Cenla health officials weigh in on rise of COVID-19 cases in La.

Health experts around Central Louisiana say COVID-19, the virus people know all too well, never truly left.
Published: Sep. 13, 2023 at 6:13 PM CDT
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ALEXANDRIA, La. (KALB) - Health experts around Central Louisiana say COVID-19, the virus people know all too well, never truly left. In May, the Centers for Disease Control and Prevention (CDC) announced the end of the COVID-19 public health emergency. Since then, especially in the past couple of months, Louisiana has seen a rise in COVID cases and hospitalizations in the state, with health experts explaining that the virus is here to stay.

“The COVID that we saw a few years ago and the COVID that we see now, the intensity is less,” said Dr. Praveen Budde, a hospitalist who works in the intensive care unit at Rapides Regional Medical Center (RRMC).

Dr. Budde worked at RRMC during the pandemic’s beginnings in early 2020. He said the intensity going down is a result of people taking the COVID-19 vaccine and taking care of themselves.

“I think it’s still out there, it will be there with us, so all we have to do is be careful and take medications appropriately and take vaccinations,” Dr. Budde said.

Arslan Khan, a medical student working at Community Healthworx in Alexandria, said his education was hindered from not getting first-hand experience in the medical field due to COVID-19. Now, it is a much different landscape, and Khan wants it to stay that way.

“We just don’t want it to become a pandemic again,” said Khan. “We feel like it’s never going to really be controlled unless we have mass vaccination. Just because that’s going to help, again not prevent you from getting it, but maybe lessen the symptoms and possibly prevent it.”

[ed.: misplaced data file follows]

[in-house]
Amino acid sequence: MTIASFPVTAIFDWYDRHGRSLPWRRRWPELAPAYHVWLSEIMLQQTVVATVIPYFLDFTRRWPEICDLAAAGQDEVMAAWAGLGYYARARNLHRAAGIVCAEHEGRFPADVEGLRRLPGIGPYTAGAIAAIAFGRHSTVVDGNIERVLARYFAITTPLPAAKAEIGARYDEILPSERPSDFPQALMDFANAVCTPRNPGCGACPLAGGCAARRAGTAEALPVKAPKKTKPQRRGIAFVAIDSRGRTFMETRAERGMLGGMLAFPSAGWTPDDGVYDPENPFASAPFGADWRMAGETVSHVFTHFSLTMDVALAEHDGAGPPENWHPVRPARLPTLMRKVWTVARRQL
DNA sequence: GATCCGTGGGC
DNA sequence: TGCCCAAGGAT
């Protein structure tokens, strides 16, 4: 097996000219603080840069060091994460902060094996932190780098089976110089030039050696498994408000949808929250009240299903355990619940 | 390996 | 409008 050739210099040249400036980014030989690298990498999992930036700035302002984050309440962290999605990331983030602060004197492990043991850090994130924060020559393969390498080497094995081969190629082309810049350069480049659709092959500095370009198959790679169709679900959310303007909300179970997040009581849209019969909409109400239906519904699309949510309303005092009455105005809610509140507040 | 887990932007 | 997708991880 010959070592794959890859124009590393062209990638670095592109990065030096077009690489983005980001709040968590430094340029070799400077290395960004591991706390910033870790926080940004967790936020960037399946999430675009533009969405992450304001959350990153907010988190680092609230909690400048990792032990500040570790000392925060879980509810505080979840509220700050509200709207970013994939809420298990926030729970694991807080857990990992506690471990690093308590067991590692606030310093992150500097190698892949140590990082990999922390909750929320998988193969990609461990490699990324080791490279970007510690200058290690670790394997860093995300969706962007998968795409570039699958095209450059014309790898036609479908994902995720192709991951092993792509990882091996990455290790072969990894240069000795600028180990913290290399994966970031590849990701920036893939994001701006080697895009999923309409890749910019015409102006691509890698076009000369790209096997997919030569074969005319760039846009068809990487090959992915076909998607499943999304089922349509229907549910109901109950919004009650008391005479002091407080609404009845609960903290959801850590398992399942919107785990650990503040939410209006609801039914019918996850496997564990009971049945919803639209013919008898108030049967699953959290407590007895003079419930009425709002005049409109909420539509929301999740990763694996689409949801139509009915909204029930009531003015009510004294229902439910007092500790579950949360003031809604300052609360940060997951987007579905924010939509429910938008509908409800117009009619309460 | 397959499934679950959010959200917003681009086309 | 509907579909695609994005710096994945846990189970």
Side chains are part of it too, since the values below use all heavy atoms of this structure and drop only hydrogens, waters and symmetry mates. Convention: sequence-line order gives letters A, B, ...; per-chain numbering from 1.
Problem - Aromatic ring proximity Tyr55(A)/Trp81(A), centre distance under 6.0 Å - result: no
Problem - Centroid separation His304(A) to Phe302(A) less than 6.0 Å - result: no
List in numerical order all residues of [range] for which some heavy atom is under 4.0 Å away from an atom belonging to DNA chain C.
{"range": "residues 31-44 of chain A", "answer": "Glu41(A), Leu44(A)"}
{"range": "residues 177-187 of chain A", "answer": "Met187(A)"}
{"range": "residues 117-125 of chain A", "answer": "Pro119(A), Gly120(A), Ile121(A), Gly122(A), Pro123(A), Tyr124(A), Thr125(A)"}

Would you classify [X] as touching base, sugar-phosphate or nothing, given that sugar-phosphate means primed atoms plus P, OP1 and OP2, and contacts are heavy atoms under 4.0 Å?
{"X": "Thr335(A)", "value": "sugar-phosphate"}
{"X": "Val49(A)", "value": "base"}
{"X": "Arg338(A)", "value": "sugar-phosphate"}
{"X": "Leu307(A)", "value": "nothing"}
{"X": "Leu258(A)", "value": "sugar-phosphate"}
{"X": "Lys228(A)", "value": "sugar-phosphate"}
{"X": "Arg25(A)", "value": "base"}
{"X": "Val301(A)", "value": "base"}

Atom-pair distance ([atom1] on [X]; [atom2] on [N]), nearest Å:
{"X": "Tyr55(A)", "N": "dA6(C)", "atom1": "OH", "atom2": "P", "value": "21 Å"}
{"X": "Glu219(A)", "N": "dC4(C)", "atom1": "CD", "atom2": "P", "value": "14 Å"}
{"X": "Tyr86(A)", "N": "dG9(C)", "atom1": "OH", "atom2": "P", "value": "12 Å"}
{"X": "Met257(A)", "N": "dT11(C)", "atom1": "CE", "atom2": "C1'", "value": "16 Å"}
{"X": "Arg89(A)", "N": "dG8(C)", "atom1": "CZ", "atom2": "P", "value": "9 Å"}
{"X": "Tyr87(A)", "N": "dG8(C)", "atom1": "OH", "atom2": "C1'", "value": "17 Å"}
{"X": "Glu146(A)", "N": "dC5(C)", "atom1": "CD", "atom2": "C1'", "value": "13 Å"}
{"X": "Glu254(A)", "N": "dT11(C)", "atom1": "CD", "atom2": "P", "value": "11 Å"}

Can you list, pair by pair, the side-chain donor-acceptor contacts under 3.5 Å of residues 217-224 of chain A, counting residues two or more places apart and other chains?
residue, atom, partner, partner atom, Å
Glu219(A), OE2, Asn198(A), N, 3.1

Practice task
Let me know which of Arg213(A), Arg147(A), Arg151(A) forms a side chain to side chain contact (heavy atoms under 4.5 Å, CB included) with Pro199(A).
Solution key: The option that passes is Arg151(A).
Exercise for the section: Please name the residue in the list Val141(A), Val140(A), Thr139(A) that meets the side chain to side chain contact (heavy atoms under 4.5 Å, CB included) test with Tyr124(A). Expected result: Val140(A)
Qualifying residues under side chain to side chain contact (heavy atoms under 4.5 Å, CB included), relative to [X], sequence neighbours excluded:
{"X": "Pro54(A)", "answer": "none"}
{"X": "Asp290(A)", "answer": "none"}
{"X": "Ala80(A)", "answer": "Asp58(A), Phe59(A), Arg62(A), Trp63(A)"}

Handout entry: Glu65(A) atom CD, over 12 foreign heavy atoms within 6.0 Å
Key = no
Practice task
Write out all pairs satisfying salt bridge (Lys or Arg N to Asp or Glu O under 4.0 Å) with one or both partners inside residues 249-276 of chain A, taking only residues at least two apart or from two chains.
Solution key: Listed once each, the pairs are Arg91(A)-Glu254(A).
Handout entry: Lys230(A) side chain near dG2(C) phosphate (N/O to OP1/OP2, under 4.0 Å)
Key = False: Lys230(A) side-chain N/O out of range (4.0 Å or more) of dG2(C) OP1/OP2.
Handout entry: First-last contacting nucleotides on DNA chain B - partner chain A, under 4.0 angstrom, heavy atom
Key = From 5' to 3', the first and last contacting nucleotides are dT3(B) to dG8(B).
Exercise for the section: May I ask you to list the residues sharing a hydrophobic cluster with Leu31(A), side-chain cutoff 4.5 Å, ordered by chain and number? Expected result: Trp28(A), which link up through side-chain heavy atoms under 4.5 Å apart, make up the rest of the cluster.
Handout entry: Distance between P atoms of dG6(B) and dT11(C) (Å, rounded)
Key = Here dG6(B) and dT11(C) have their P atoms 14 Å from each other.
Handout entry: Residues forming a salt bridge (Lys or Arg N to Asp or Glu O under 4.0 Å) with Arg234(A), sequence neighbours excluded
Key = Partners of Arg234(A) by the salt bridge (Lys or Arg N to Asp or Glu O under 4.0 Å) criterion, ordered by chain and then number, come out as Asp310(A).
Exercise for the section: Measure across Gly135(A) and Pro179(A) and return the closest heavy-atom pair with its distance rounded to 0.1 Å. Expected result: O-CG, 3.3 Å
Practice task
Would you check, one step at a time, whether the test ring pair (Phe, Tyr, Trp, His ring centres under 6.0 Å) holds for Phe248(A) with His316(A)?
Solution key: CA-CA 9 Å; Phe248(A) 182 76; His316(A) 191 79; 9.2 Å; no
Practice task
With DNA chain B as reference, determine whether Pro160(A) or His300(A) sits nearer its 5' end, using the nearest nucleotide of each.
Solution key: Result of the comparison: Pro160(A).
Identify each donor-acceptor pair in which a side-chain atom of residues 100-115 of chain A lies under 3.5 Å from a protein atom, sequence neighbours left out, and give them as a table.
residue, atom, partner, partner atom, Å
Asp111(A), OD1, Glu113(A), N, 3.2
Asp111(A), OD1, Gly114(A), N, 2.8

According to the Louisiana Department of Health, the average number of COVID cases in a seven-day span grew from 170 cases at the end of May, to an average of 1,027 cases at the beginning of September. LDH reported an average of over 240 patients hospitalized with COVID-19 around the state between August 28 and September 13.

On the nationwide level, the CDC reported approximately 19,000 hospitalizations in the U.S. from August 27 to September 2, a nine percent increase from last month. While the virus is still present, medical professionals believe we are not out of the woods just yet.

“COVID is sort of forgotten, but it’s definitely not gone,” said Dr. David Holcombe, medical director at Community Healthworx.

Dr. Holcombe said while the virus is not like it was at the peak of the pandemic with the delta and omicron variants, people still need to be careful and get vaccinated.

“Getting the disease or getting vaccinated does not mean you’re immune, it means you’re more resistant, so we’ve built a certain level of resistance, but not complete immunity like you would get with measles vaccine or mumps,” said Dr. Holcombe.

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